Day 5: Moab, UT to Telluride, CO
Before heading out on our planned route, we made a brief stop at Arches National Park to look around and hike into the park. Arches National Park is obviously famous for many natural stone aches that have formed over millions of years. The park also offers miles of awesome hiking. We spent only a few hours here hiking in to one of many arches. It was a great way to start the last day of our journey.
After a great night’s stay at the Gonzo Inn, we were well rested for our final day of driving. Telluride, CO was only 170 dirt miles away. The La Sal mountain range stood directly in our path to the east. It was less than a half-hour outside of Moab, when we found ourselves on tight twisty Forest Service Roads. This was also the first time on the trip where we were into Aspen trees. La Sal National Forest is full of pine and aspen trees as well as 13,000-foot peaks, lakes, and wonderful campsites. This is also where we learned that our planned route traveled directly through a large parcel of private property that was fenced and clearly marked, “No Trespassing.” Our goal, from the beginning, was to set out on an adventure anyone could do. Trespassing was never going to be OK. We know if the roles were reversed, we would not want people to start invading our privacy. This being said, we were going to have to find another way through the forest.
Our GPS had stopped provided terrain and map information about 3 days prior. Our original route still displayed, but essentially all of our map data was not. This made finding alternative paths very difficult. Sometimes we used old-fashioned paper maps, when we had them, and other times we simply used our intuition. In the end, we would never understand what happened to the GPS. Maybe I loaded the map data incorrectly, but it was there for the first day-and-a-half, then it was not. Again, this was part of the challenge, and certainly part of the fun.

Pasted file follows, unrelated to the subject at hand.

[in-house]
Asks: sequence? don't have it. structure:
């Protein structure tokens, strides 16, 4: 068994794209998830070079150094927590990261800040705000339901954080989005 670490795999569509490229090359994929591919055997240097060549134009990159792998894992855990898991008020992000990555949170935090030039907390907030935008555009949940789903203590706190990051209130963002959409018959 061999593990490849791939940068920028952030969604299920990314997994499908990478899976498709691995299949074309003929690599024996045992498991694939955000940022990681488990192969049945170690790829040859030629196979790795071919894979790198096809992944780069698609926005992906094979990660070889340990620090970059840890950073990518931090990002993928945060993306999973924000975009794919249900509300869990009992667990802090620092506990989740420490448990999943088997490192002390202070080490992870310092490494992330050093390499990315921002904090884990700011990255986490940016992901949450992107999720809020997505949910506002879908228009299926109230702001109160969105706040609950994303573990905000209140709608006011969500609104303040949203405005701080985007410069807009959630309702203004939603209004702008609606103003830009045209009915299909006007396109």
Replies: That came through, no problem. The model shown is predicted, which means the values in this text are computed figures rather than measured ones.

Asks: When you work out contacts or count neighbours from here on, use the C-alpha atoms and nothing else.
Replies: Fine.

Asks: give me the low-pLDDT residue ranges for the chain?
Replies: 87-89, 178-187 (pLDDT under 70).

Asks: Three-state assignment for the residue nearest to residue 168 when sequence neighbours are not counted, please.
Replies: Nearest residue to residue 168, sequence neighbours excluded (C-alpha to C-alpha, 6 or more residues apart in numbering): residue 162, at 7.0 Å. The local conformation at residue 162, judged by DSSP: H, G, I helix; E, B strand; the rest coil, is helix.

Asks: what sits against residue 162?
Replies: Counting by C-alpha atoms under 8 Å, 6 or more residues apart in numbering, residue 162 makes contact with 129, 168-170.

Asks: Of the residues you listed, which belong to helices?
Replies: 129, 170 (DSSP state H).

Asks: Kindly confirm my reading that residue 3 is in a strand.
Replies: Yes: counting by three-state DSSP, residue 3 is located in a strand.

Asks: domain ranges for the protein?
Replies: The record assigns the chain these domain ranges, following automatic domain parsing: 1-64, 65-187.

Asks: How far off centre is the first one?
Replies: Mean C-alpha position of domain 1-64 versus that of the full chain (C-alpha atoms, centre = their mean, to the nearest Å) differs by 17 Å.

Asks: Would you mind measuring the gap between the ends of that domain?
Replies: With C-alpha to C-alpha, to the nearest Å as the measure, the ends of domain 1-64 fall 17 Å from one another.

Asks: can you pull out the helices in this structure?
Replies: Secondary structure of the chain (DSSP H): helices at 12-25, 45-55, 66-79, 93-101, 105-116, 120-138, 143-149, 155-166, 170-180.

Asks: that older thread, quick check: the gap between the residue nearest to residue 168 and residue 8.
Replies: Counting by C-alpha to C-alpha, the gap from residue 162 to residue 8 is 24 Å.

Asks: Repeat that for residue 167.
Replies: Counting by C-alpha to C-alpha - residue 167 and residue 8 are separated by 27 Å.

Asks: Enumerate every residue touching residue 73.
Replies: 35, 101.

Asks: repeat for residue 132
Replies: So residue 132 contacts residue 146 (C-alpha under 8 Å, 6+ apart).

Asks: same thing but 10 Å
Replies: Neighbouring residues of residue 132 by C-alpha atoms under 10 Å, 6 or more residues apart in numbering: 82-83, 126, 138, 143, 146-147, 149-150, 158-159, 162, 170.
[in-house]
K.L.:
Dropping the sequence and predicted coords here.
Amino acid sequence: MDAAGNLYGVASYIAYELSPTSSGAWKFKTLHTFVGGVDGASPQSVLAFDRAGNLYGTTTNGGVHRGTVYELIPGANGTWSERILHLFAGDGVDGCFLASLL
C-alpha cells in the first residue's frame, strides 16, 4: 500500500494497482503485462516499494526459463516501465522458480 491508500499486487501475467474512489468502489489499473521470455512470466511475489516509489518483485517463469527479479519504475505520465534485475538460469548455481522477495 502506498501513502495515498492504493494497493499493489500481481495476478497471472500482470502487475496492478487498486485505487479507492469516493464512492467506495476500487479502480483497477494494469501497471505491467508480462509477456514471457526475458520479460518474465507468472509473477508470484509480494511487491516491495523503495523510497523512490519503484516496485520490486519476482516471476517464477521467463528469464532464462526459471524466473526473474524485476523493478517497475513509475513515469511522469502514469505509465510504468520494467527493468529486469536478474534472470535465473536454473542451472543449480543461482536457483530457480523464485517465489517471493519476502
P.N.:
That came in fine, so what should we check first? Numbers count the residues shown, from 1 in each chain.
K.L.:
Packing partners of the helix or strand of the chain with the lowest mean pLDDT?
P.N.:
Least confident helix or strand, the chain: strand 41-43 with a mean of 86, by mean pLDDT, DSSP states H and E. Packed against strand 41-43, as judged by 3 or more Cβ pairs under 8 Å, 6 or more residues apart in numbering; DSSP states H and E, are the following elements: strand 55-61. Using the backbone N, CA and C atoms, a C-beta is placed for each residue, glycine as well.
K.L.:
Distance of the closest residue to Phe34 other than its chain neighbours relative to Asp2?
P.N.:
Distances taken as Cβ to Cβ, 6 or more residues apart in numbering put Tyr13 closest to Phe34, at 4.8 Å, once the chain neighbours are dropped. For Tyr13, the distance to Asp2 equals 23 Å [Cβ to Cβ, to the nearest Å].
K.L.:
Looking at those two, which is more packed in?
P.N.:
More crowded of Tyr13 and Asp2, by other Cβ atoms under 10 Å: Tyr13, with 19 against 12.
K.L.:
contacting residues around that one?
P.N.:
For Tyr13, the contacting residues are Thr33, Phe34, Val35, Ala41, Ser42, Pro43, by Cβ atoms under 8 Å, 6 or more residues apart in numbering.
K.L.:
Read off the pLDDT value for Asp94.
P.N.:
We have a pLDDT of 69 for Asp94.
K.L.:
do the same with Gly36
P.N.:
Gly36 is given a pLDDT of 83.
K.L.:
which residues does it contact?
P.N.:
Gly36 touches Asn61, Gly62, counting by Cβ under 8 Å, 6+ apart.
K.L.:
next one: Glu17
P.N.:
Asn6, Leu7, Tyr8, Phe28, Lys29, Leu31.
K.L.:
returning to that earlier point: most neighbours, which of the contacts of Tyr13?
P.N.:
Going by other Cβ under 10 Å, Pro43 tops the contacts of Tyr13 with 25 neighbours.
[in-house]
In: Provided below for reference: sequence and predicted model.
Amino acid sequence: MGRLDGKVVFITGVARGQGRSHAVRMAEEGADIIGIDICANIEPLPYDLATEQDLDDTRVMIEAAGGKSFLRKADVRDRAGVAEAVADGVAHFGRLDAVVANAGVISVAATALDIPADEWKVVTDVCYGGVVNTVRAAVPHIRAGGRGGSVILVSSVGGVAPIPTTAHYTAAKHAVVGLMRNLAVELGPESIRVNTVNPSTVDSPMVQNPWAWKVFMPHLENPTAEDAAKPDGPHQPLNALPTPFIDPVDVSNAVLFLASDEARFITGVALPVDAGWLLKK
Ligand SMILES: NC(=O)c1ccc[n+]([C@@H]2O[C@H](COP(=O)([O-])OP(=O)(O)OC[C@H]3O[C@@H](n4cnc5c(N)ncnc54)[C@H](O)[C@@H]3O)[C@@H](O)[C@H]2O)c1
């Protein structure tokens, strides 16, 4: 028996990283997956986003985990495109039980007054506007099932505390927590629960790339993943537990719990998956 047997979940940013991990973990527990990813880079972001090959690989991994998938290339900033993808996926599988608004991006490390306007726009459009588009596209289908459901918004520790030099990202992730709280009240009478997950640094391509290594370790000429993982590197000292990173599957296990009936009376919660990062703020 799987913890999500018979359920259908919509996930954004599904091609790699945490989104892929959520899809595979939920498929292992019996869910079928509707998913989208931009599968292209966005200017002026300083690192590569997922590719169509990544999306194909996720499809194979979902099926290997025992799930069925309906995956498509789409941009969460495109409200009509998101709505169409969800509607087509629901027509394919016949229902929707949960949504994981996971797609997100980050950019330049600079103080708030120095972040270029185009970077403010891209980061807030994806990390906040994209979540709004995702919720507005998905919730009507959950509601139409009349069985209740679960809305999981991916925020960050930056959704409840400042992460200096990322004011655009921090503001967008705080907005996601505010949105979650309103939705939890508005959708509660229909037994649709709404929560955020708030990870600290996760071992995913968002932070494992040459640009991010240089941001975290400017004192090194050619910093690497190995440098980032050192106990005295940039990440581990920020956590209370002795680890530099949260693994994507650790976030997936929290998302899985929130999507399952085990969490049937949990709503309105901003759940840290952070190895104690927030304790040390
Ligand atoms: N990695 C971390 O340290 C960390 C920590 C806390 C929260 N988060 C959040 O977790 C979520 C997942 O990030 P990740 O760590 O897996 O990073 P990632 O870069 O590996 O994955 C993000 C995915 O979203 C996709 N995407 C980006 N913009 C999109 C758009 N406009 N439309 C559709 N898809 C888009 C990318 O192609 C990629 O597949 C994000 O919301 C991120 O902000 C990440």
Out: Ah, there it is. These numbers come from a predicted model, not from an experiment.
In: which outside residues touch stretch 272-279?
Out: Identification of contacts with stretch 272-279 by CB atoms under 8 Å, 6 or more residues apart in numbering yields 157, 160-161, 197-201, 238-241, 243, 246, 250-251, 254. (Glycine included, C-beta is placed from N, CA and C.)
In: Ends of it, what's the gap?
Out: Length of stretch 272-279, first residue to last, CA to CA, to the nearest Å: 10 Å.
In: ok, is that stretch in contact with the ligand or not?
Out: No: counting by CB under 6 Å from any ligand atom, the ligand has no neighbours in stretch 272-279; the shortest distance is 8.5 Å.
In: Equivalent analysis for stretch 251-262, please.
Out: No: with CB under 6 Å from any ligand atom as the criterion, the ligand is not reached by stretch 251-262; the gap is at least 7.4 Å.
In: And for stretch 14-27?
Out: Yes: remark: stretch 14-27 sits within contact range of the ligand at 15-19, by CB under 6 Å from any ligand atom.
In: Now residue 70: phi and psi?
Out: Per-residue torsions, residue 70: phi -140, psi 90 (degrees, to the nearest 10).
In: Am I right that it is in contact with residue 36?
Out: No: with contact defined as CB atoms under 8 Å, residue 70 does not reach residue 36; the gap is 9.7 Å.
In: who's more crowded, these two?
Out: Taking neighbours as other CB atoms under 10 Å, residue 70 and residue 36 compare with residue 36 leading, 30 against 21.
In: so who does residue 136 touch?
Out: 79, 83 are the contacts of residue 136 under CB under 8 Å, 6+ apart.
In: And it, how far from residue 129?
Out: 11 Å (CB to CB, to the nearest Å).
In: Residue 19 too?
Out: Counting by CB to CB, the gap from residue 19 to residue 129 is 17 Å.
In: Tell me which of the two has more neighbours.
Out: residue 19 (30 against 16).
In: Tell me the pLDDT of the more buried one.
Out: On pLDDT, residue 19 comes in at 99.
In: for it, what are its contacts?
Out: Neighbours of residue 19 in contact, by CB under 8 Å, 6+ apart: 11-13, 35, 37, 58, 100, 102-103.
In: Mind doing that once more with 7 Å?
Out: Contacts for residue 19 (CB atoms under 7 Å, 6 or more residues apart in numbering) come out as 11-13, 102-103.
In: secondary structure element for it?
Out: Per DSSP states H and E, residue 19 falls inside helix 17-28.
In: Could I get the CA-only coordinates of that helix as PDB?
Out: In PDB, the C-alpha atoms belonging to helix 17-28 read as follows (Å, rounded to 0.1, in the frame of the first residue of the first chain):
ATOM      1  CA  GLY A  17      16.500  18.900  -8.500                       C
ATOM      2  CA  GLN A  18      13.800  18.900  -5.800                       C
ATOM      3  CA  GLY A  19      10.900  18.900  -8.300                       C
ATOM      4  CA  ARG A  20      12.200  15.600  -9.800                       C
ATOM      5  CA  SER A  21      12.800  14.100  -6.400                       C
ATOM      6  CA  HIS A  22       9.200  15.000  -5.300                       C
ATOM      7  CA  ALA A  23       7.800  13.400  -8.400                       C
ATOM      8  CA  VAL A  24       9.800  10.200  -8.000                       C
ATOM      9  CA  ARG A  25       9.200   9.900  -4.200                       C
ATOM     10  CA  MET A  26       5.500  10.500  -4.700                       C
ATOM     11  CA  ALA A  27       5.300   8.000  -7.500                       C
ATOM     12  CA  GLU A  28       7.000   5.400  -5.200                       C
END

We crossed the Utah / Colorado State line somewhere in this forest. Our choice was between heading north around the top of the La Sal range, or heading south, more towards Telluride, and the San Juan’s. We chose to head south.
Southeast of La Sal National Forest, we spent a few hours chasing down old pipeline roads that may have worked, if we were in a true, rock crawling vehicle. We marked these spots on our GPS, and plan to attempt them later. It’s always a shame when these routes do not pan out. You feel a bit defeated especially when you have to follow your original trail back out.
We ended up in Basin, Colorado where we stopped for lunch. Grilled cheese never tasted to good. The two ladies running this tiny restaurant in the middle of Colorado farm country confirmed our route into Uncompahgre National Forest. By this time, we were chasing a storm that would eventually catch up with us. We were only 65 miles West of Telluride. The end was in site.
The final portion of the trip could not have been more scenic. 14,000-foot snow capped mountain peaks were visible from every window in the truck. We were crossing rivers every few miles. We saw our first elk at the base of Mt. Wilson. America’s farm workers were out in the fields, and their cattle still preferred to stop in the middle of the road to say hi to us. We didn’t take as many pictures as we should have. I think we were a bit like old horses that knew they were close to the stable.
When our final dirt road hit the pavement into Telluride, CO our trip odometer said 1550 miles. That’s over 300 per day in a stock vehicle on mostly dirt roads. I was proud of what we did. It was raining in Telluride, but thankfully we had friends and family there to greet us.
Questions? Comments? I’d love to hear from you.
chadragland at gmail.com